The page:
Is the correction for multiple tests always necessary?
The answer is that Multiple testing correction is not always necessary.
Multiple comparisons can be accounted for with Bonferroni and other corrections, or by the approach of calculating the False Discover Rate. But these approaches are not always needed. Here are three situations were special calculations are not needed.
Account for multiple comparisons when interpreting the results rather than in the calculations
Some statisticians recommend never correcting for multiple comparisons while analyzing data (1,2).
Instead, report all of the individual P values and confidence intervals, and make it clear that no mathematical correction was made for multiple comparisons. This approach requires that all comparisons be reported. When you interpret these results, you need to informally account for multiple comparisons. If all the null hypotheses are true, you’d expect 5% of the comparisons to have uncorrected P values less than 0.05. Compare this number to the actual number of small P values.
Corrections for multiple comparisons may not be needed if you make only a few planned comparisons
Other statisticians recommend not doing any formal corrections for multiple comparisons when the study focuses on only a few scientifically sensible comparisons, rather than every possible comparison. The term planned comparison is used to describe this situation. These comparisons must be designed into the experiment, and cannot be decided upon after inspecting the data.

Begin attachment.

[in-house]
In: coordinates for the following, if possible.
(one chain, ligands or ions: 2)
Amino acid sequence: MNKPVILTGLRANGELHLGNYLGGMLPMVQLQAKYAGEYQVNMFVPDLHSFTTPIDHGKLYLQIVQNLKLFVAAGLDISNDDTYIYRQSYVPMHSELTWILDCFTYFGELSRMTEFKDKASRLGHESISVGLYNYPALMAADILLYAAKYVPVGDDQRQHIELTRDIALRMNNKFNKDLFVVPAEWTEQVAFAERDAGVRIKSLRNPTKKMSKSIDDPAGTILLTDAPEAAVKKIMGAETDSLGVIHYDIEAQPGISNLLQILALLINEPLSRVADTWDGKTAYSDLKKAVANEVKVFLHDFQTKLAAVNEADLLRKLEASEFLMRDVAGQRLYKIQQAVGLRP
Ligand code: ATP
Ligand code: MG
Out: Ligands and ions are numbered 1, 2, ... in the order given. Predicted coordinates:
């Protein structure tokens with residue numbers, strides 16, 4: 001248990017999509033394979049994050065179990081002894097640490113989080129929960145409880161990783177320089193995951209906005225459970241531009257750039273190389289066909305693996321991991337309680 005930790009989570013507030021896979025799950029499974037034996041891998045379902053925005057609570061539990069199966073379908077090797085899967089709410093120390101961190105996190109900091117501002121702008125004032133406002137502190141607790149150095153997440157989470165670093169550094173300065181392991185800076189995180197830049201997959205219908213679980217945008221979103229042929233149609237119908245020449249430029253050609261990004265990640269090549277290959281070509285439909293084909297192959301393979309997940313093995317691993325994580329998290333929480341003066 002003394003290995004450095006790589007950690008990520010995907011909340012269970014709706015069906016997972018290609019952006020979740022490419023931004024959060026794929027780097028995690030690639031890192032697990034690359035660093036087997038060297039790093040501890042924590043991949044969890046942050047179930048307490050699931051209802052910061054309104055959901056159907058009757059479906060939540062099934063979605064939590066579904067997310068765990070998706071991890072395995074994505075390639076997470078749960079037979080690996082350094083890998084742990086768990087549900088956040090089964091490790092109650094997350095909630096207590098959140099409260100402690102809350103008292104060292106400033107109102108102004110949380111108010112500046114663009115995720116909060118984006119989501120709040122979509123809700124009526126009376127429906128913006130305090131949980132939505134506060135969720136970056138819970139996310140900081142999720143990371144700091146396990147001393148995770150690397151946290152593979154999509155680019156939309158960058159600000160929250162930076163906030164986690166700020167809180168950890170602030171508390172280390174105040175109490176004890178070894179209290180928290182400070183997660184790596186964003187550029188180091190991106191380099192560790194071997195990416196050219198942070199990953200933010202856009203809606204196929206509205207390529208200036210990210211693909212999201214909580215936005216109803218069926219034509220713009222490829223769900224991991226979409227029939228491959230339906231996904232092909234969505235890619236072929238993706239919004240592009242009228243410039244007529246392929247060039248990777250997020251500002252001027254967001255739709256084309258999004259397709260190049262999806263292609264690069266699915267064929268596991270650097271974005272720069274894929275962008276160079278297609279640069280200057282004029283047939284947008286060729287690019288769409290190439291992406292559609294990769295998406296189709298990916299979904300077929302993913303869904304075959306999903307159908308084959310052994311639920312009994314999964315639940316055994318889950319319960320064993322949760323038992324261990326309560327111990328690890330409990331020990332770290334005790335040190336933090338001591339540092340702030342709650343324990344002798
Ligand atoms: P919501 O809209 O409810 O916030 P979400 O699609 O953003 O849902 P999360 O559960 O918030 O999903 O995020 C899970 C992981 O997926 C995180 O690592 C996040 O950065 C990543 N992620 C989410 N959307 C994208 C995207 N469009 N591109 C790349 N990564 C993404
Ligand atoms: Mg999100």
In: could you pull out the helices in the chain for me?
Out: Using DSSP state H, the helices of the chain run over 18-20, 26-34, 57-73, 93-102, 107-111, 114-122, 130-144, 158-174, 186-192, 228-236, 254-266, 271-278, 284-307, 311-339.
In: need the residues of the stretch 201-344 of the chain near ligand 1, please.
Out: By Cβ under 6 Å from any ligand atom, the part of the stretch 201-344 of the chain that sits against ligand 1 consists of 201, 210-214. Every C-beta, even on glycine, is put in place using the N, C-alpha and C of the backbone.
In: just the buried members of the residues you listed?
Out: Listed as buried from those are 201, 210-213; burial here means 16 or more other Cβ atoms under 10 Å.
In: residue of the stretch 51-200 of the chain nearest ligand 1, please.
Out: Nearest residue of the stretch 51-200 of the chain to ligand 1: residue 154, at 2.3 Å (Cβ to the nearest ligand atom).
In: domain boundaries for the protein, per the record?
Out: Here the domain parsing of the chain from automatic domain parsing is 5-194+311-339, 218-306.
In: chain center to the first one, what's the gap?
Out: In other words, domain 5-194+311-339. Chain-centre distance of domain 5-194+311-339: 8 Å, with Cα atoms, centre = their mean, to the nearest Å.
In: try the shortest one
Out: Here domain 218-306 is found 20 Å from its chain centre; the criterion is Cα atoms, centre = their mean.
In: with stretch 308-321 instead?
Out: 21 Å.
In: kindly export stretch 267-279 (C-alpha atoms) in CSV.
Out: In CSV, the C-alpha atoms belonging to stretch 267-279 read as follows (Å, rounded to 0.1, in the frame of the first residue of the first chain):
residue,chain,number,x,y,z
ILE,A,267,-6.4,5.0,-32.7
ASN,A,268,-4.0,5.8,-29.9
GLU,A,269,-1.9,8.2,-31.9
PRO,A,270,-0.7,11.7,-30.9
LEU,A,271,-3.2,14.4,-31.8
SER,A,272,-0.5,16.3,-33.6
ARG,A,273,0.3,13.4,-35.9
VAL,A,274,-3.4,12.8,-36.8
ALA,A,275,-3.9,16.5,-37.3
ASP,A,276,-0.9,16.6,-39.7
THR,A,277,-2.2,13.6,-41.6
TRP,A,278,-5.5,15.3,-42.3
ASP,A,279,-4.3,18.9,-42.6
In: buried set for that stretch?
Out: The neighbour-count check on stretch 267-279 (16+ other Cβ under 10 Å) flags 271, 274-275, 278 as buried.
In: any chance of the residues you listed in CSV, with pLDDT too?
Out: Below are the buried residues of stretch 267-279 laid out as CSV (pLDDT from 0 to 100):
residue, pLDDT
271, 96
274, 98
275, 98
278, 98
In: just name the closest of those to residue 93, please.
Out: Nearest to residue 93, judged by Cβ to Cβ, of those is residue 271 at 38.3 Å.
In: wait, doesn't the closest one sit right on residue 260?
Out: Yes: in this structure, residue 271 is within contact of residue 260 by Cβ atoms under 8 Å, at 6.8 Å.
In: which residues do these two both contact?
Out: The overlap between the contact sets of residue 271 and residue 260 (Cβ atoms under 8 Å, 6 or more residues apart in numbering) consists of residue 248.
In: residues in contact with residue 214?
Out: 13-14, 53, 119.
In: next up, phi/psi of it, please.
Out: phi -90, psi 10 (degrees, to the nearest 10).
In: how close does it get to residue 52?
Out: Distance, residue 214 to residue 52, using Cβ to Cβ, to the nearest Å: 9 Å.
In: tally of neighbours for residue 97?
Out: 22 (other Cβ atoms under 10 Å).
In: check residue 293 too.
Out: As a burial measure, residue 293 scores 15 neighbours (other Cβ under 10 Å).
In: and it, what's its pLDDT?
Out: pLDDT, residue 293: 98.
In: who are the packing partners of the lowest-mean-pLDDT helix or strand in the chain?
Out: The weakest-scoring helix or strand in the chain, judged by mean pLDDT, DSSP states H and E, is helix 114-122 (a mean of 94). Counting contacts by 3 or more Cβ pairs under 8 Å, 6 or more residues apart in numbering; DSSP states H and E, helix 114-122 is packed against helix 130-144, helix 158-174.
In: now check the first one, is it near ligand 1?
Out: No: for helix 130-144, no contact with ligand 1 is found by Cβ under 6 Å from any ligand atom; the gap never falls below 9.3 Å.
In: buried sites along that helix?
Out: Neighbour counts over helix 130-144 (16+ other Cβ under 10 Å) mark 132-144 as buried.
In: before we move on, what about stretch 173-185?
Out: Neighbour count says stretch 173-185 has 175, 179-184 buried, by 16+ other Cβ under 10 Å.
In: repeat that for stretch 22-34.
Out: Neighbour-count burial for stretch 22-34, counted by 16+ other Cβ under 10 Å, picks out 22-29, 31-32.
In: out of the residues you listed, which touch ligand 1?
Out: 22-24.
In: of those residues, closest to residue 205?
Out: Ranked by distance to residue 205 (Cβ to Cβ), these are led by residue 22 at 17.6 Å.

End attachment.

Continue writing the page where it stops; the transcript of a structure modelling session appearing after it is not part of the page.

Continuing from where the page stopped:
Corrections for multiple comparisons are not needed when the comparisons are complementary
Ridker and colleagues (3) asked whether lowering LDL cholesterol would prevent heart disease in patients who did not have high LDL concentrations and did not have a prior history of heart disease (but did have an abnormal blood test suggesting the presence of some inflammatory disease). They study included almost 18,000 people. Half received a statin drug to lower LDL cholesterol and half received placebo.
The investigators primary goal (planned as part of the protocol) was to compare the number of “end points” that occurred in the two groups, including deaths from a heart attack or stroke, nonfatal heart attacks or strokes, and hospitalization for chest pain. These events happened about half as often to many people treated with the drug compared to people taking placebo. The drug worked.
The investigators also analyzed each of the endpoints. Those taking the drug (compared to those taking placebo) had fewer deaths, and fewer heart attacks, and fewer strokes, and fewer hospitalizations for chest pain.
The data from various demographic groups were then analyzed separately. Separate analyses were done for men and women, old and young, smokers and nonsmokers, people with hypertension and without, people with a family history of heart disease and those without. In each of 25 subgroups, patients receiving the drug experienced fewer primary endpoints than those taking placebo, and all these effects were statistically significant.
The investigators made no correction for multiple comparisons for all these separate analyses of outcomes and subgroups. No corrections were needed, because the results are so consistent. The multiple comparisons each ask the same basic question a different way, and all the comparisons point to the same conclusion – people taking the drug had less cardiovascular disease than those taking placebo.